# Effects of Suicide Rate

Essay by Paul • June 3, 2011 • Essay • 1,502 Words (7 Pages) • 2,440 Views

**Page 1 of 7**

Introduction

Each case of suicide intimately effects at least 6 other people. So what causes people to want to commit suicide? What has the biggest effect on the suicide rate? Is it the poverty rate? Or possibly the population density? Maybe it's the percentage of sunny days? My research proposal is based on the question: What effect does the percentage of sunny days in each state have on that state's suicide rate? My hypothesis is the percentage of sunny days has a large effect on a state's suicide rate. I think that if a state is not very sunny then the suicide rate will be higher because of the depression that sets in from the lack of sun. I will also test the effect that the population density, poverty rate, divorce rate, and unemployment rate has on the suicide rate.

Literature Review

E.A. Deisenhammer did a study on the meteorological factors and effects on suicidal behaviors. The investigation included a statistical relationship between weather parameters with attempted and/ or completed suicides. In order to form data, Deisenhammer researched papers and other studies to find a relationship between the two. A total of 27 studies were found that included these parameters. It was found that most of these papers reported that suicidal acts were caused by at least one weather factor; however the results were contradictory and inconclusive. Deisenhammer concluded that it was not possible to identify a single weather condition that directly affected suicidal acts because there were also social effects that may have caused suicidal behavior.

My results were similar Deisenhammer's results, as I found that the percent of sunny days in a state was not the only factor on the suicide rate. Factors such as population density, unemployment rate, and divorce rate, also affected the suicide rate in each state.

Model

I believe that the percentage of sunny days in a state has the biggest effect on the suicide rate in that state because weather has such a high effect on most people's mood and mental state. Population density may affect suicide rate because when someone lives in a state that is not very dense, people do not have as much contact with other humans. Conversely, if the state has a density that is high, a person may feel cramped of their personal space. Poverty rate and unemployment rate could go hand in hand in affecting the suicide rate because when someone is living in a state where poverty surrounds them, it could have them feeling trapped and depressed that they cannot overcome the pressures of living without money. Divorce rate might affect suicide rate because once someone divorces their partner, they may feel like there is nothing else to live for.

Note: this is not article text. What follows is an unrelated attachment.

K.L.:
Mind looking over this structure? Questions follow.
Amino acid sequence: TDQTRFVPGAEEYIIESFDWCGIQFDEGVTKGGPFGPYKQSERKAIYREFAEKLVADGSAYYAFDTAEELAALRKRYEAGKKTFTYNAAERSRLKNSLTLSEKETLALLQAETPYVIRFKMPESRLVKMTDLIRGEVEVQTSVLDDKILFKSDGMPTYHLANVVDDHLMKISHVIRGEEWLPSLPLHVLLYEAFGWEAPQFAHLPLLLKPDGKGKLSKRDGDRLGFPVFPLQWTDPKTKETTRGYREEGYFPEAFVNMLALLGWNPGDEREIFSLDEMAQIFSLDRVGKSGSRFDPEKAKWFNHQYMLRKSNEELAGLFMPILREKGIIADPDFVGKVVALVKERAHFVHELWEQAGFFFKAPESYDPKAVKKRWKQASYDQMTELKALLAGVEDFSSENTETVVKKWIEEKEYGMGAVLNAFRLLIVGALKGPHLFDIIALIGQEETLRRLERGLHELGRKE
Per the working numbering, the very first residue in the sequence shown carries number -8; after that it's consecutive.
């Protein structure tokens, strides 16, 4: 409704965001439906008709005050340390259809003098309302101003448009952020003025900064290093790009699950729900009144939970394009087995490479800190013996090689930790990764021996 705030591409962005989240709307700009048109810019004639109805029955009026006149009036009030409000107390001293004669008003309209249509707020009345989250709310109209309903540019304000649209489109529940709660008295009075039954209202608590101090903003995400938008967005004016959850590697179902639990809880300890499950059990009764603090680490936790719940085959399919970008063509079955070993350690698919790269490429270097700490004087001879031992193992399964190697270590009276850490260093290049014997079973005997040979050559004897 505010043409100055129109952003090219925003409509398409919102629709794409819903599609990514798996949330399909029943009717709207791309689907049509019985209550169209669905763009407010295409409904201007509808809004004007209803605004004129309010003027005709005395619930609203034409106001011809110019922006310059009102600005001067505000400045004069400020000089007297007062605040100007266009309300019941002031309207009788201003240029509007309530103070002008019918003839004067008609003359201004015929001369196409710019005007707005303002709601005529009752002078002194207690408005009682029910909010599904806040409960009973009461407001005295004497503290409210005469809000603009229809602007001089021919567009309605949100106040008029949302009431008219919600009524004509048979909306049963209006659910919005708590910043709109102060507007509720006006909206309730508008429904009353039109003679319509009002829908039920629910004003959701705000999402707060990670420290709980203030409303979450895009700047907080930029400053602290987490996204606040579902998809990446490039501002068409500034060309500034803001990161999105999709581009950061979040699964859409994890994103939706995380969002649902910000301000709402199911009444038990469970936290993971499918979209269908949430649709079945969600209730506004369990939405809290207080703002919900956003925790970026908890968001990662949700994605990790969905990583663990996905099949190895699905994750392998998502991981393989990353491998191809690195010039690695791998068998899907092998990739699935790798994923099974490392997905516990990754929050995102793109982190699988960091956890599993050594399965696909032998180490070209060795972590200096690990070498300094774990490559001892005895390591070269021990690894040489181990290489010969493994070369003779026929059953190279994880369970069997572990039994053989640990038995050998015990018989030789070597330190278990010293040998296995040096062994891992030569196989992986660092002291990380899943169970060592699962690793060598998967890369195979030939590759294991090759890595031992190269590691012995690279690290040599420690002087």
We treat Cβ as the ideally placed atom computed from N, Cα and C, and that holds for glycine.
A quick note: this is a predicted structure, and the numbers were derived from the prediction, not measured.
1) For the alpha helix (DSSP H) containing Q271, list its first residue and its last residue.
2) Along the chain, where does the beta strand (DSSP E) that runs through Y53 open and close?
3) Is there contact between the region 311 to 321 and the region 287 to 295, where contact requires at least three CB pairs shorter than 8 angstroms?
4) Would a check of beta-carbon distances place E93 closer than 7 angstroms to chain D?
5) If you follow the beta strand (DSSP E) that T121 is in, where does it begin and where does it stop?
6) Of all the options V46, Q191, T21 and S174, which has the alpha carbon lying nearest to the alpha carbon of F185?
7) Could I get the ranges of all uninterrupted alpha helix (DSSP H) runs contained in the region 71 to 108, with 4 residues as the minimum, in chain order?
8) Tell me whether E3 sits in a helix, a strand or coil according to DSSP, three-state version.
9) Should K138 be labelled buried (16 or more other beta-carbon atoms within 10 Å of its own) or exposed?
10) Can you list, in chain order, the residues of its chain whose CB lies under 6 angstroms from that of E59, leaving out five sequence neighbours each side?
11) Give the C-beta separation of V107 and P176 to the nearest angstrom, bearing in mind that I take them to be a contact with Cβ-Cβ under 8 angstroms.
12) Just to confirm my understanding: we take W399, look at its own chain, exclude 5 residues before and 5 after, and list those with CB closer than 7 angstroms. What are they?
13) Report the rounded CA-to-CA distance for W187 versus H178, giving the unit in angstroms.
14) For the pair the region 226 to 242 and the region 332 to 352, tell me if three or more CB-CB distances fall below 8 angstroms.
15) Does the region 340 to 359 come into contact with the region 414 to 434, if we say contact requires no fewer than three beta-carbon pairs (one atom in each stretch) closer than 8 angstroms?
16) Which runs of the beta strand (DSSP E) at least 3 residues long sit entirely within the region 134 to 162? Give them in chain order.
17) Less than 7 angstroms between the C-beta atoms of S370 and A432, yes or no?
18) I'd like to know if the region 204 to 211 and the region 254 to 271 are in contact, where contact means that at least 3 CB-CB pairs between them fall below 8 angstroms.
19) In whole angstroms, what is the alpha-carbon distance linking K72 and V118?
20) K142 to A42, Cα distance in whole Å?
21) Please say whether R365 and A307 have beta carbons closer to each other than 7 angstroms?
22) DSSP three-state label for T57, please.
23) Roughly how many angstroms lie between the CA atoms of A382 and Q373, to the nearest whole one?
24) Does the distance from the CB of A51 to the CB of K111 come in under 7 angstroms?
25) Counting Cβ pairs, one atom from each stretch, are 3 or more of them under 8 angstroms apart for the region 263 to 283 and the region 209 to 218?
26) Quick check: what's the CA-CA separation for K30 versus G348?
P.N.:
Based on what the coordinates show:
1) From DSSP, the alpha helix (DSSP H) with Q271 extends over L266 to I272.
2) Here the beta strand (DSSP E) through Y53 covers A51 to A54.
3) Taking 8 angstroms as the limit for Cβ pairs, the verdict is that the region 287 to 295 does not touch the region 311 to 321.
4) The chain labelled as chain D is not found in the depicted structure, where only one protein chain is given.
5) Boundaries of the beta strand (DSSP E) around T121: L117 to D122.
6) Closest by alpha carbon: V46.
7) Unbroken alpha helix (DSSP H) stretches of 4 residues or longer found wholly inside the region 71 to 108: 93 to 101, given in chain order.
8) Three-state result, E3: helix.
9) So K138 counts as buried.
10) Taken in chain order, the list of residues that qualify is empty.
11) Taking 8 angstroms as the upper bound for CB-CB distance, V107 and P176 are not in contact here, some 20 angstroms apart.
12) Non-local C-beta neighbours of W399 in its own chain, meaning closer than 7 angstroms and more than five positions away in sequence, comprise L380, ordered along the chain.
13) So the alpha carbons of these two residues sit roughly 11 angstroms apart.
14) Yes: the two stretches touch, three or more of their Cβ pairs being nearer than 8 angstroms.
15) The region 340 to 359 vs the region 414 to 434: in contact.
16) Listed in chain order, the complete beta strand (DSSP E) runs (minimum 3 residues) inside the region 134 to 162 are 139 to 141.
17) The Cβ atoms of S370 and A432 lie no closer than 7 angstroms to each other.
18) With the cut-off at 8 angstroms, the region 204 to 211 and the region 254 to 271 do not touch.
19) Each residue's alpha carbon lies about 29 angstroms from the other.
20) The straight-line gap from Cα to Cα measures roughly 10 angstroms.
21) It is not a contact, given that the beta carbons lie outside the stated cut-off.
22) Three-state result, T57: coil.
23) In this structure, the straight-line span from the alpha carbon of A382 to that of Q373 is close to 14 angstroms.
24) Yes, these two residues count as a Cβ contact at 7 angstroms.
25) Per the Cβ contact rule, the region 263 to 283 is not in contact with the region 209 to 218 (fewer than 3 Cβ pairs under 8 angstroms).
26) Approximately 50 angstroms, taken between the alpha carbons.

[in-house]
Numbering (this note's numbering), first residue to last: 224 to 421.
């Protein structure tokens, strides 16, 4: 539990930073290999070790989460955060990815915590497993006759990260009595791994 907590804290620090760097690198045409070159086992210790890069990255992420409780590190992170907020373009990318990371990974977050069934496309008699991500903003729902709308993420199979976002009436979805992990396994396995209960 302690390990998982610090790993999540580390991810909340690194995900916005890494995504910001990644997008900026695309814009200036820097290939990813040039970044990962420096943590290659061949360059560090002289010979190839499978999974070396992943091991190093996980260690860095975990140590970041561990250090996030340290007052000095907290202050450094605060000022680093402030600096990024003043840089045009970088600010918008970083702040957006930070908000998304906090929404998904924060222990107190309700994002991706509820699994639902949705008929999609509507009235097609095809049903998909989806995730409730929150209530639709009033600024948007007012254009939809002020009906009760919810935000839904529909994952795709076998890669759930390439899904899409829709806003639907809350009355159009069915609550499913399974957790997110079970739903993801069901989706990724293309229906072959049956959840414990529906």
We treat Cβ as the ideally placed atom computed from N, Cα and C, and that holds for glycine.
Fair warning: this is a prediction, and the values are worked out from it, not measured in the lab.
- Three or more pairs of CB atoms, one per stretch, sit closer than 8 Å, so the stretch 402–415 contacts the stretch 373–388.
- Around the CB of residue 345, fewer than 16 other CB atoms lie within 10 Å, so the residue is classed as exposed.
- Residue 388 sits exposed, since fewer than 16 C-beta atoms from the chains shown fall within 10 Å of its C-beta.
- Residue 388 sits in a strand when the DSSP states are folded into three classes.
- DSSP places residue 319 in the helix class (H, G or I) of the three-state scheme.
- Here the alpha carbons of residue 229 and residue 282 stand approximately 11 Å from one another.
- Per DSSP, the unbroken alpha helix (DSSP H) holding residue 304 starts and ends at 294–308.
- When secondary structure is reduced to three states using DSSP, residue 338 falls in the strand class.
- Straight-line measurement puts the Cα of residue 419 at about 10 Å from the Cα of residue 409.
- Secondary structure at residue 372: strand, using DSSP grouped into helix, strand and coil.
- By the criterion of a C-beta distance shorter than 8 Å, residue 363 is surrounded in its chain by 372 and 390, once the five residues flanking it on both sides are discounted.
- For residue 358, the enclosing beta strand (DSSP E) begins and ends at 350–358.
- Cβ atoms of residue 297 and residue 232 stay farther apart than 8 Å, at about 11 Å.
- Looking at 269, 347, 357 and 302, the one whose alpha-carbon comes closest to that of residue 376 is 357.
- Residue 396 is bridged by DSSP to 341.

Data

For this study, I used State Rankings 2010 to retrieve the data for each variable. I then used the PASW Statistics 18 software to run the data and formulate graphs.

Coefficientsa

Model Unstandardized Coefficients Standardized Coefficients t Sig.

B Std. Error Beta

1 (Constant) 9.643 3.025 3.188 .003

%sunny .034 .042 .088 .824 .415

PopDens -.008 .002 -.559 -4.318 .000

PovRate -.154 .138 -.133 -1.113 .272

DivRate 1.197 .421 .337 2.843 .007

UnemRate -.030 .188 -.020 -.162 .872

a. Dependent Variable: SuiRate

The dependent variable is the suicide rate in each state (SuiRate). The independent variables are: percentage of sunny days in the state (%sunny), the state's population density (PopDens), poverty rate by state (PovRate), divorce rate (DivRate), and unemployment rate (UnemRate).

The estimated coefficient for the independent variable measuring the percentage of sunny days is .034. This means that as the percentage of sunny days increases, the suicide rate increased by an estimated 3.4%, holding everything else constant. I believe that the suicide rate should decrease as the percentage of sunny days increases, so the positive slope is unexpected. The standardized coefficient is 0.088, which means that the suicide rate changes by 0.088 standard deviations when the percentage of sunny days changes by one standard deviation. This is a very small response, and is the second smallest relative response for all the independent variables.

The estimated coefficient for the independent variable population density is -0.08. This means that as the population density increases, the suicide rate decreased by an estimated 8%, holding everything else constant. I believe that when the population density is at its extremes, the suicide rate would increase, so the negative slope is acceptable. The standardized coefficient is -0.559, which means the suicide rate changes by 0.559 standard deviations

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